In the beginning, "It was kind of a two-edged sword," Blalock remembers. "We found out a lot of things were going on that we didn't know were going on. So the first year, in 1990, our reporting rate went sky high. It looked like we had been hit by a crime wave."

In actuality, all the incidents that were not being reported before were now being reported because employees had an outlet they felt comfortable with. They could approach and talk to the security representatives about what was going on in their area.

In addition to taking reports, fielding questions, and developing programs on topics like sexual harassment, drug abuse, gangs, and employee theft, the representatives also help develop other awareness programs.

For example, Oliver developed the Office Watch Program, which is similar to the Neighborhood Watch concept. In the year since the program was implemented, 317 people have become involved. Each security officer and representative is an office watch leader for an assigned area. He or she has monthly meetings with the employees in that area who have signed up for office watch.

Employees who participate in office watch take classes and learn what to look for and how to spot suspicious people. They discuss problems in their areas and possible solutions.

An office watch newsletter helps employees in one office know what is going on elsewhere. For example, in the past, if purses were being stolen in an office, employees may have thought they were the only ones with the problem. But with the newsletter, employees can find out that the same incident is happening over at Microlithics, another Coors company.

"You start to wonder," Blalock says. "Maybe it's the same person. You begin to see patterns and things fall together. It's like a little intelligence network," he explains.

SANDRA JUSTICE HAS DEVELOPED A global paging system to notify hearing impaired and other employees of emergency or evacuation situations. In her dealings with employees throughout Coors, Justice discovered that a number of employees who were hearing impaired were left out of the loop in emergencies.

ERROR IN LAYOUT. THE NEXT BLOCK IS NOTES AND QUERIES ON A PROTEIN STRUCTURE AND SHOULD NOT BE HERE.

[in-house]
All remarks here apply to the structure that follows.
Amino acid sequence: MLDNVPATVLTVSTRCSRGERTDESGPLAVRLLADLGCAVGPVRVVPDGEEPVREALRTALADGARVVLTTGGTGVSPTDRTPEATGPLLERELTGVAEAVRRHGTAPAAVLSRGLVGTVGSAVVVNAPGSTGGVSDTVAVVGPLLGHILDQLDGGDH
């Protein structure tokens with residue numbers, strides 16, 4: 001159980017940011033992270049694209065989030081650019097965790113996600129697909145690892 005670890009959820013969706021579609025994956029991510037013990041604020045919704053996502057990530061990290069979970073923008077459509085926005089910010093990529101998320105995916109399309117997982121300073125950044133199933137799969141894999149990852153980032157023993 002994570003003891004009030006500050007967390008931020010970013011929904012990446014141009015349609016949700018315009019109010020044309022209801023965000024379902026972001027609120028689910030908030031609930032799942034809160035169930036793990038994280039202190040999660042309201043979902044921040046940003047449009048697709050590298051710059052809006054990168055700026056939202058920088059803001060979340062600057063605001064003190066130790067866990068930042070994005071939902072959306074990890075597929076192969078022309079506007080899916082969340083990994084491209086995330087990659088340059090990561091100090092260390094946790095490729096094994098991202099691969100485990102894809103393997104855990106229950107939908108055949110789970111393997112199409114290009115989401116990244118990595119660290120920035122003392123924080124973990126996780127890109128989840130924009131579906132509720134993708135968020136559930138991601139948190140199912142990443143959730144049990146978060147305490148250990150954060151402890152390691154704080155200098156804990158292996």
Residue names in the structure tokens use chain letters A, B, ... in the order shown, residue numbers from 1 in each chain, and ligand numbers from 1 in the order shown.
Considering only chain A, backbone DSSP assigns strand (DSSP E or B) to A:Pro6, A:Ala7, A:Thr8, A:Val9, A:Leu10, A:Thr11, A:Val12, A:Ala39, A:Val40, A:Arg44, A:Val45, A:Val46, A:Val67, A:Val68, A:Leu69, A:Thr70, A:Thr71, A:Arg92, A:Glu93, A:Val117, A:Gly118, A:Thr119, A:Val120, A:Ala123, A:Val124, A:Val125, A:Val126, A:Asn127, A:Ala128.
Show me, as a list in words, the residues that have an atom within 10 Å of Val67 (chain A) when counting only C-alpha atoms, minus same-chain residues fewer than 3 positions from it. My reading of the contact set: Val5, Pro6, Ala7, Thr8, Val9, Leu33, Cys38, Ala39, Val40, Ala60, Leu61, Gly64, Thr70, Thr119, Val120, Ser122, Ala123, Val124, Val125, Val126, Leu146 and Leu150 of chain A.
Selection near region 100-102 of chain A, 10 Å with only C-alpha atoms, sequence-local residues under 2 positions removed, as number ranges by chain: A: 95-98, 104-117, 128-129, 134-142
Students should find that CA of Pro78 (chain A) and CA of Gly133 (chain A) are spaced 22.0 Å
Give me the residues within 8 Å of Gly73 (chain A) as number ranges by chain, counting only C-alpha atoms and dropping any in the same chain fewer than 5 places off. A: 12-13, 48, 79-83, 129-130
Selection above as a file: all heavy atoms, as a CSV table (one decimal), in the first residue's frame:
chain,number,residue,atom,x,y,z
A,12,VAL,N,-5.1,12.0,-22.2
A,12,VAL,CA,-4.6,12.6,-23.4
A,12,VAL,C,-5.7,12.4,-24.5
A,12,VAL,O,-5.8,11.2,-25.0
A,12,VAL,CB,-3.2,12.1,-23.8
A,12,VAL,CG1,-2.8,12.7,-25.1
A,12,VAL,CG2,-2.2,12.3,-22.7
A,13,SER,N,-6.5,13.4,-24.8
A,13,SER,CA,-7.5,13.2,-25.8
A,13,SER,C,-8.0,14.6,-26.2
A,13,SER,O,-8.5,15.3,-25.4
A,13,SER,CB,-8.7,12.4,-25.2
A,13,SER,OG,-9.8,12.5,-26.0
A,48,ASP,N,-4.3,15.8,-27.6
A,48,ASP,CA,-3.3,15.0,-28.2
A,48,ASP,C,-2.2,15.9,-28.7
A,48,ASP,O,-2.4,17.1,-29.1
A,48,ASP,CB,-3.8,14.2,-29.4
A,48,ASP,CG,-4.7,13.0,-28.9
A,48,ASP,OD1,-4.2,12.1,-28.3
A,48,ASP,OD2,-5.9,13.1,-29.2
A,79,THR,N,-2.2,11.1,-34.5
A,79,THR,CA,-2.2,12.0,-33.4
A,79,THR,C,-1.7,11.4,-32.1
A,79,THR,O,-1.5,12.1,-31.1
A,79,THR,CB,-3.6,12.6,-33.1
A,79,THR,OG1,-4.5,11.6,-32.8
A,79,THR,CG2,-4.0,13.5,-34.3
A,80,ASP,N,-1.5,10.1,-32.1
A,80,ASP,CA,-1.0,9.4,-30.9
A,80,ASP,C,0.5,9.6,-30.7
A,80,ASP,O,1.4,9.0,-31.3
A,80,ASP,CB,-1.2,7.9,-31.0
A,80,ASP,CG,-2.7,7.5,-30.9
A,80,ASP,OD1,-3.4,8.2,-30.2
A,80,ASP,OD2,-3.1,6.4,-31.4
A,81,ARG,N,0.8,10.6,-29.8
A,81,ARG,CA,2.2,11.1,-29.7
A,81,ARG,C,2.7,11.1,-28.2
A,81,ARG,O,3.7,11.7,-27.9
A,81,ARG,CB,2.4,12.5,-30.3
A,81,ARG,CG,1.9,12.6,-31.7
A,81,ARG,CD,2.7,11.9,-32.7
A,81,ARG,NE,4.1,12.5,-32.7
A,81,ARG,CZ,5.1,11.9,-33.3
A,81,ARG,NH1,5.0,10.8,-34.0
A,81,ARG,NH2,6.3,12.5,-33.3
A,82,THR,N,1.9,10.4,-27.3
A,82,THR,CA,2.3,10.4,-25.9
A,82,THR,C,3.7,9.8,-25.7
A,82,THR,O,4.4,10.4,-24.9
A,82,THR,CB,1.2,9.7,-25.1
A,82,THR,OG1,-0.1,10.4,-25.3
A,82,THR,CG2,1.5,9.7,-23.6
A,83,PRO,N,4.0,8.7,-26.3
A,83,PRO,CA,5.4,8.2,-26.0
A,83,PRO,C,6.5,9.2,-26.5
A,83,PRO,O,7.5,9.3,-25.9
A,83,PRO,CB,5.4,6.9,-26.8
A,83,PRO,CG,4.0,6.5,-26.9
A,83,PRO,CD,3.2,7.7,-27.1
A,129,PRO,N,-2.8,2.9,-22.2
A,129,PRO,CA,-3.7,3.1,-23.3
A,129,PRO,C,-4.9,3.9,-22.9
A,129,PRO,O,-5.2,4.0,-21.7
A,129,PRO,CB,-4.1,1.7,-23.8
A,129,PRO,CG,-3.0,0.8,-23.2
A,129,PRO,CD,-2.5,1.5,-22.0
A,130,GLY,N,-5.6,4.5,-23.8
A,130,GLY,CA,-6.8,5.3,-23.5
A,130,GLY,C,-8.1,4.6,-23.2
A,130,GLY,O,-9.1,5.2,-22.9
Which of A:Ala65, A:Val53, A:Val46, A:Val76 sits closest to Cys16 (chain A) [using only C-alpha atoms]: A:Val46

She came up with the system of using vibrating pagers. In case of a fire, flood, hazardous material spill, or other emergency, a five-digit code appears on the pager. A card listing all the codes accompanies the pager. As soon as the dispatcher knows the problem, she enters the phone number that activates a code on all the pagers. "Everybody gets the same codes," Justice says, "and people can make their own decisions." For example, the code "02181" tells each recipient that the situation is occurring in the North Office Building (02); that the situation is controlled, continue working (1); and that the nature of the situation is a minor fire under control (81).

Since crucial time had been lost in the past in attempts to contact individuals directly, the pager idea spread quickly beyond employees who were hearing impaired. Executives and managers asked to be included in the system. The environmental control department--similar to an internal Environmental Protection Agency--was especially interested. They monitor incidents like chemical releases and are responsible for reporting problems to the appropriate government agency.

Justice says, "If they are in a meeting downtown and something happens in their building, it would be nice not to come back to a serious problem.... It's real nice if they can look at the pager, see a level one, and know they can stay in their meeting and not worry."

Evacuations are not common, but in a facility the size of Coors all precautions are taken. The security department has several mock disaster drills each year that include law enforcement, ambulance services, helicopters, and hospitals. The paging system is tested weekly.

Another security problem Justice took on involved gangs. She recalls, "A parent came to me and said, 'I'm worried about my kid because he's wearing a lot of Chicago Bulls clothing. (The wearing of certain sports apparel is sometimes associated with gangs.) The mouth on him would scare a sailor, and I don't want anything to happen to him.' I didn't know what to tell her." So Justice called the gang unit at the Denver police department, and it came to the plant for a public service program.

Justice carried the idea further, participating in training and education programs about gangs with the police department. In a sense, she became an expert on the topic and now gives the presentations to all employees.